Over at the Climate Camp in the City the police kettled several hundred protesters outside the European Climate Exchange. They knew that this was the intended location of the protest well beforehand yet when the swoop happened there were two police vans parked right outside. I have been to many protests and their usual tactic is to hide the vans full of officers round the corner from the protest, well out of sight. For them to be left unattended at the exact location of a protest is unusual to say the least, though these vans were not damaged. This was exactly what we saw at the anti-fees protest in London a couple of weeks ago. A police van was left unattended in the middle of the kettle and sure-enough became the target of much of the protesters anger. And who can blame them when they are intimidated, beaten, kettled and charged down by mounted police, simply for exercising their right to protest. It is worth noting that there were a number of black-clad masked protesters egging people on to smash the van, whilst a large group of school kids tried to stop them. Is has been alleged that these were undercover police ‘agitators’.

Statements made by the police to the media about protest events have been consistently proved to be false. During the G20 protests newspaper seller Ian Tomlinson died after being struck by a member of the Metropolitan Police’s Territorial Support Group. The initial response of the police was to blame the protesters. They claimed that their attempts to help Tomlinson were hindered by protesters throwing ‘missiles’. A video released later disproved this and showed the police initially made no attempt to help Tomlinson back to his feet. The ‘missiles’ turned out to be a single plastic bottle which was thrown from way back to which the protesters responded by turning and shouting not to throw things.

During the Camp for Climate Action in Edinburgh, Lothian and Borders Police made allegations that ‘protesters’ had poured an ‘oil-like substance’ on a main road near the camp. This was widely reported in the media and was roundly condemned. There was, however, no evidence to suggest this had actually taken place. There were no arrests, no witnesses, there were no reports of traffic disruption to the council and no protesters claimed they had committed it, something almost unheard of within the Climate Camp movement. At the very least, if it did happen there was nothing to suggest whoever did it was connected to the camp and so this was a grave distortion and a slander on the reputation of the Camp.

The police’s desire to control the media is evident. Recently I was attending the Crude Awakening protest at Coryton Oil Refinery. As I approached the road that the protest was on I was stopped by a police officer and questioned. The officer asserted (note, did not ask) that I was a journalist and informed me that “this is a police cordon, press are not allowed past”. When I questioned the officer he replied “I am not going to discuss this with you”. I eventually argued my way past the officer, with the help of a few friends, but there were many other journalists that did not want to argue with the police and were prevented from reporting on the protest. This runs counter to the Metropolitan Police’s own guidance on the press which states:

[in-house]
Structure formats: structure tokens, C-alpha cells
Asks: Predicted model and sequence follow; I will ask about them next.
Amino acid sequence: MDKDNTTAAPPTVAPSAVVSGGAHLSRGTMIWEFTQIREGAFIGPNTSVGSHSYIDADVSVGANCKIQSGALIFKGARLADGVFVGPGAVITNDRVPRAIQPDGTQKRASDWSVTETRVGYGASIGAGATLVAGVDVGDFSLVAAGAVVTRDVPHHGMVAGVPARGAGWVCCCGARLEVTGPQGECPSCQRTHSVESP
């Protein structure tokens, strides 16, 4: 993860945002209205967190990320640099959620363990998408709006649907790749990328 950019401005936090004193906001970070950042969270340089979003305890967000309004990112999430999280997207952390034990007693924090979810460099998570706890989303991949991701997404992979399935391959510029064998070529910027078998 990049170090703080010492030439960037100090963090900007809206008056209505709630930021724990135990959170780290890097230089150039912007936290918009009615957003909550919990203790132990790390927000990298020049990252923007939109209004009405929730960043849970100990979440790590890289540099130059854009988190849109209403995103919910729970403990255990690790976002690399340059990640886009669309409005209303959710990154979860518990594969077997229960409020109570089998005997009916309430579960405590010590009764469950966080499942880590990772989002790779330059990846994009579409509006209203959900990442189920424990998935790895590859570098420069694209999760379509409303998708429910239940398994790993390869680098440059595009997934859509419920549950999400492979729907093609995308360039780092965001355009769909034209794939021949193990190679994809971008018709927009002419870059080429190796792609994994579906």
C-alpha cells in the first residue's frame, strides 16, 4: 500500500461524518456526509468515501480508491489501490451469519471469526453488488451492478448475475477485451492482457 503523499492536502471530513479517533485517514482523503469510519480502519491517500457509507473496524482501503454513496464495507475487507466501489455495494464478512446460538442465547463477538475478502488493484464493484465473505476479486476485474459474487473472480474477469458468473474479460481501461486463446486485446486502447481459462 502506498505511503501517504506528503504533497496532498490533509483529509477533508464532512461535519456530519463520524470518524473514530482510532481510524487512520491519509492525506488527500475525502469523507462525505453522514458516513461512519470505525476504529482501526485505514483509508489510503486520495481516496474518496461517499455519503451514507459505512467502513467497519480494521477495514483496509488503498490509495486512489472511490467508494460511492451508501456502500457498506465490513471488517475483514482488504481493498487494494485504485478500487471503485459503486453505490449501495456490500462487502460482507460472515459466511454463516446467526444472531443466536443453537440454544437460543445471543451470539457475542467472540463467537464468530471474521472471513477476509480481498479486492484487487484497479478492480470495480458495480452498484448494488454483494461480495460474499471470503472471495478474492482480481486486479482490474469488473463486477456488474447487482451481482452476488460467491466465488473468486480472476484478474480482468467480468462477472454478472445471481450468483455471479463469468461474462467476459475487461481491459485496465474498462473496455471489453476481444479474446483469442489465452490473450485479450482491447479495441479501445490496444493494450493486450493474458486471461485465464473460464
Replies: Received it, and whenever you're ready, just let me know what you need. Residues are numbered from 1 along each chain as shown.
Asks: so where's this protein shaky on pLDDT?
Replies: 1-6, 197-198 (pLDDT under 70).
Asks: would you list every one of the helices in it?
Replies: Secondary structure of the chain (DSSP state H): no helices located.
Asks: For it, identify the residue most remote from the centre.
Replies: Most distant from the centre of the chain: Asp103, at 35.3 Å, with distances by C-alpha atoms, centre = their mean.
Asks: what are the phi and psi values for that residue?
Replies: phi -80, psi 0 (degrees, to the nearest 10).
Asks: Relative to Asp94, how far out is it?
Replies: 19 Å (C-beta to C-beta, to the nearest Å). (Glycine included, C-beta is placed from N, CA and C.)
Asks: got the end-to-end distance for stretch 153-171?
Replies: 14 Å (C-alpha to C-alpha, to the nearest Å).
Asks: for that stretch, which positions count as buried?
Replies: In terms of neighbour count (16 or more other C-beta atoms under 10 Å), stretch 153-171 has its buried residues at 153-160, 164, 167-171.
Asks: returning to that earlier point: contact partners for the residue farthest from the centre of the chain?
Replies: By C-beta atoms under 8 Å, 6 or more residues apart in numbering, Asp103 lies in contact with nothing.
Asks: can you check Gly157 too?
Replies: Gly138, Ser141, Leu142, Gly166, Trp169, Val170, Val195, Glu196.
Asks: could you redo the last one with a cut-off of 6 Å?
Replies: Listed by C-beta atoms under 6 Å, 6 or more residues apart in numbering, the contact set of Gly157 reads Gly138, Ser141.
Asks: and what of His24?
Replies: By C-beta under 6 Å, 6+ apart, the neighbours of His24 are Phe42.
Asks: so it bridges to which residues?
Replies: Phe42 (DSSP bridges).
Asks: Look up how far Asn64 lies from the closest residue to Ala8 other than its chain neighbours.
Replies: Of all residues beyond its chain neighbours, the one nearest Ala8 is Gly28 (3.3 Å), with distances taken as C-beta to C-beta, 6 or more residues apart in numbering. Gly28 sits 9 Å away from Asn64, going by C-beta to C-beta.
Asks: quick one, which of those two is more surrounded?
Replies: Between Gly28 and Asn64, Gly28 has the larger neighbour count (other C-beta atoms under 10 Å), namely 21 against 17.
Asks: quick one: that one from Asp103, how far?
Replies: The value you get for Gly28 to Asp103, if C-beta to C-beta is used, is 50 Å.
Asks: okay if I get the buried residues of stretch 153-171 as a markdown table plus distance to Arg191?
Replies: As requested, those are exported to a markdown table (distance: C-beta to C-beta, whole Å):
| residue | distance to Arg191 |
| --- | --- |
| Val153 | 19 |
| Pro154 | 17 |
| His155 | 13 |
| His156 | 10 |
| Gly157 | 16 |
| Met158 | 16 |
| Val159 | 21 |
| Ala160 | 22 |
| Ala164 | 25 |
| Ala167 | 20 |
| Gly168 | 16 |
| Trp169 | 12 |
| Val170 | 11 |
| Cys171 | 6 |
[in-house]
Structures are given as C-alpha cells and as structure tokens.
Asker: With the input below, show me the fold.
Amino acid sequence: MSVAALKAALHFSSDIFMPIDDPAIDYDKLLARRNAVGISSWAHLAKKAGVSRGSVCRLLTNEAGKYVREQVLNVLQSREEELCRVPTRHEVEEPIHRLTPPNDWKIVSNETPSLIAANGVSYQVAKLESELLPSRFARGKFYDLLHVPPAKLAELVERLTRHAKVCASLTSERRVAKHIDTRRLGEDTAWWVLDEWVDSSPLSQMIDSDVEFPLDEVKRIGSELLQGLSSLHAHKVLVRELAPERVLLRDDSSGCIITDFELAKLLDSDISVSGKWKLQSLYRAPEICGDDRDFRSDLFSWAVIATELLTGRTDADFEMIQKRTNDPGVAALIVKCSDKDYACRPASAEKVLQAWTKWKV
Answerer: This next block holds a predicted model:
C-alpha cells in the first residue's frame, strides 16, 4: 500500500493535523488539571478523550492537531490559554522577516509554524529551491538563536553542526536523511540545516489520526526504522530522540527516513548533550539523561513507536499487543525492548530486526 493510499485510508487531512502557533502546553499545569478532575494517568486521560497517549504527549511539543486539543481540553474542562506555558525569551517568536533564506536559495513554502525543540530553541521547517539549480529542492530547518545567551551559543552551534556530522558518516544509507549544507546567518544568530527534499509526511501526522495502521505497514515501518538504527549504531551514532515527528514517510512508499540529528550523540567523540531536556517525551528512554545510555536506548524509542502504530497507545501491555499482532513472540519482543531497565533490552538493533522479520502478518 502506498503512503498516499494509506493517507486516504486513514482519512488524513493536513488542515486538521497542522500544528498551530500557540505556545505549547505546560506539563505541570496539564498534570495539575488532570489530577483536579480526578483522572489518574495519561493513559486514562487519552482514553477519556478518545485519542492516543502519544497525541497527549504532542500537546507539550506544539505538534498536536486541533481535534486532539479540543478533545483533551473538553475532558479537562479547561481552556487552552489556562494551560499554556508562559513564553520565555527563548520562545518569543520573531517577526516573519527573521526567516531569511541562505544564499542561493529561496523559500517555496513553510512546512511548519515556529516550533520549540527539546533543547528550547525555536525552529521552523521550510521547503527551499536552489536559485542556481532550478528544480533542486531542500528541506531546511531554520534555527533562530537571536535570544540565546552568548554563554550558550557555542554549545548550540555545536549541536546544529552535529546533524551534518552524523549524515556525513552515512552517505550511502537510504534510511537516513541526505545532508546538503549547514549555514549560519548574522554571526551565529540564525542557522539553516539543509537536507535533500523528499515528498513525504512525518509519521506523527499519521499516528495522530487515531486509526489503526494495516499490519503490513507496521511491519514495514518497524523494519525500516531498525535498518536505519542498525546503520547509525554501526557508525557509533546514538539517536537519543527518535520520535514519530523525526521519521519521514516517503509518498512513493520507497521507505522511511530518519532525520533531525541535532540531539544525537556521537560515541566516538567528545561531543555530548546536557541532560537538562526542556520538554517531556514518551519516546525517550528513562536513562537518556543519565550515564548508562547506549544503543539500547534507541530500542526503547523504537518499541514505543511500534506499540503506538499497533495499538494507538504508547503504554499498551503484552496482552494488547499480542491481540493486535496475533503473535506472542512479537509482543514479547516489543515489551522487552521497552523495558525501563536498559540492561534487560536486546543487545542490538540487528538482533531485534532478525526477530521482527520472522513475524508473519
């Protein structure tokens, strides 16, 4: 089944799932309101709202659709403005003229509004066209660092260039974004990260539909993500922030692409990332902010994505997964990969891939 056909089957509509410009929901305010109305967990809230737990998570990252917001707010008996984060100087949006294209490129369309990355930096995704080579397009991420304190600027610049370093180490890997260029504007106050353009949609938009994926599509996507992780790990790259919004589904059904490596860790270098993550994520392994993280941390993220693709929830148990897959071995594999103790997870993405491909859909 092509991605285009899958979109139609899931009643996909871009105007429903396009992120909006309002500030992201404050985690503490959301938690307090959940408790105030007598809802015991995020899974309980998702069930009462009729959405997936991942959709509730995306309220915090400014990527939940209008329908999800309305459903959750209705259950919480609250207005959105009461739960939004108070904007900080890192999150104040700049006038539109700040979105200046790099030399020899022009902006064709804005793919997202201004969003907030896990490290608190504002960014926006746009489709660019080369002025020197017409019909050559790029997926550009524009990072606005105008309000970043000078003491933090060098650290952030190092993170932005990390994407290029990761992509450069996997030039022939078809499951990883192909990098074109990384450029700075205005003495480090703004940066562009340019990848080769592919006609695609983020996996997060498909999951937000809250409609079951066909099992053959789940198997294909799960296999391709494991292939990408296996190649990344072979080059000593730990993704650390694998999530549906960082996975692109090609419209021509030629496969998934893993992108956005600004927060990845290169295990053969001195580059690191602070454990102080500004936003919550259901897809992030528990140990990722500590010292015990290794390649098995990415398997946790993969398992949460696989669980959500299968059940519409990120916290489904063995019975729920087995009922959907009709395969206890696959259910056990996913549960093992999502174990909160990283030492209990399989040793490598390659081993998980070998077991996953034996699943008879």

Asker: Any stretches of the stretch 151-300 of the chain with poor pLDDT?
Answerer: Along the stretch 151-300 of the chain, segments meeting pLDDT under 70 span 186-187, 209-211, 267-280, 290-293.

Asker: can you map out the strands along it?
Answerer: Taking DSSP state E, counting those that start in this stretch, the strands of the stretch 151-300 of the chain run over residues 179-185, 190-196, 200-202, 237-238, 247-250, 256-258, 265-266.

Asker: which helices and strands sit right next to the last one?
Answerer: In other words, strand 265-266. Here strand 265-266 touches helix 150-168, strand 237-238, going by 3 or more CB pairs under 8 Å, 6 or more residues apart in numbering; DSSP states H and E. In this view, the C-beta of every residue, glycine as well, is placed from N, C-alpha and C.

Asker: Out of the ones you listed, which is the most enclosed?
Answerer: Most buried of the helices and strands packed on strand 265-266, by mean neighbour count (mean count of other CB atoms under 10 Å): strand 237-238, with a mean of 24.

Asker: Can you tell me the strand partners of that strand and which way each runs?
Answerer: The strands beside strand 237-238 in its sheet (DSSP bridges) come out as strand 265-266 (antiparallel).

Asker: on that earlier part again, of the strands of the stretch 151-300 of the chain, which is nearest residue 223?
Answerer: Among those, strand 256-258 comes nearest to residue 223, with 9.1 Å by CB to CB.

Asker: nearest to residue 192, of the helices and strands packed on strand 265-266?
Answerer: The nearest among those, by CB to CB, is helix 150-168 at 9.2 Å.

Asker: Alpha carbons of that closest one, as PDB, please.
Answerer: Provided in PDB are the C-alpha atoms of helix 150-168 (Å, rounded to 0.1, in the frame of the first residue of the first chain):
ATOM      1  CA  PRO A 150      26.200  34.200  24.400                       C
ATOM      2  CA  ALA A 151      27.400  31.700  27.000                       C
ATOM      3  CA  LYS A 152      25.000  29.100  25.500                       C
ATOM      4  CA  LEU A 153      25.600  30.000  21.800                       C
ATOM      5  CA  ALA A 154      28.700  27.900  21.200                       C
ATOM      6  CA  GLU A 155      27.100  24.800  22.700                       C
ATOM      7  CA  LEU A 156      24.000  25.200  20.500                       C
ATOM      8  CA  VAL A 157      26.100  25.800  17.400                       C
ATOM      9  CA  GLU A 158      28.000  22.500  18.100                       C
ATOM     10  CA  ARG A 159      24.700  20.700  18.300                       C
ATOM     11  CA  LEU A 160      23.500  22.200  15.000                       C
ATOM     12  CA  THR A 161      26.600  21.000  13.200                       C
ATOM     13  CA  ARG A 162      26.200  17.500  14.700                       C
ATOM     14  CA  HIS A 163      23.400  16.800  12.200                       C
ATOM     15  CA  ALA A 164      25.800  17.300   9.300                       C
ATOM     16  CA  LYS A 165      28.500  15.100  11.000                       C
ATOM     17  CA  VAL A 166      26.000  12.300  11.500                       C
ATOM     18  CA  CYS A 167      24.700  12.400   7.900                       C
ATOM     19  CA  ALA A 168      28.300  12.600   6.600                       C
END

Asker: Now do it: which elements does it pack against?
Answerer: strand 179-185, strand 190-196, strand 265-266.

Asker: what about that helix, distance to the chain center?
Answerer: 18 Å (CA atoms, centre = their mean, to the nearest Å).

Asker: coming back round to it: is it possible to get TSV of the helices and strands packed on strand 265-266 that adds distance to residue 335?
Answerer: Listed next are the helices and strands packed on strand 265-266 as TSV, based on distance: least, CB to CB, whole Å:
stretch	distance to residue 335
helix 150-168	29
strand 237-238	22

2:”…it is much better to provide the media with a good vantage point from which they can operate rather than to exclude them… Providing an area for members of the media does not exclude them from operating from other areas to which the general public have access.”

3: “Members of the media have a duty to take photographs and film incidents and we have no legal power or moral responsibility to prevent or restrict what they record…”

4: “…we have no power to prevent or restrict media activity.”

Recently it was reported that the police are seeking powers to shut down websites engaged in “criminal activity”. As we have seen with so many other police powers this will be used to extra-judicially crush dissenting voices and intimidate protesters. The police do what they want and find a power to justify it later.

They are not, however, totally untouchable.

The police came under fire back in 2008 for their indiscriminate use of stop and search powers during the Kingsnorth Camp for Climate Action. They searched everyone entering and leaving the site, both protesters and journalists, and confiscated hundreds of items including tent pegs, toilet rolls and other innocuous items. They were using Section 44 of the Anti-Terrorism Act 2005 which allowed them to stop and search anyone they had reasonable grounds to suspect might be a terrorist. This was recently ruled to be unlawful and a breach of Article 8 of the Universal Declaration of Human Rights (right to privacy).

This, however, has not deterred them. They simply moved on to another in their arsenal of stop and search powers, including Section 1 of the Police and Criminal Evidence Act, Section 60 of the Criminal Justice Act and most recently Section 50 of the Police Reform Act. This last piece of legislation is their current favourite as it has one major difference to the others; unlike s.1 PACE and s.60 CJA, if you refuse to give your details they have the power to arrest you.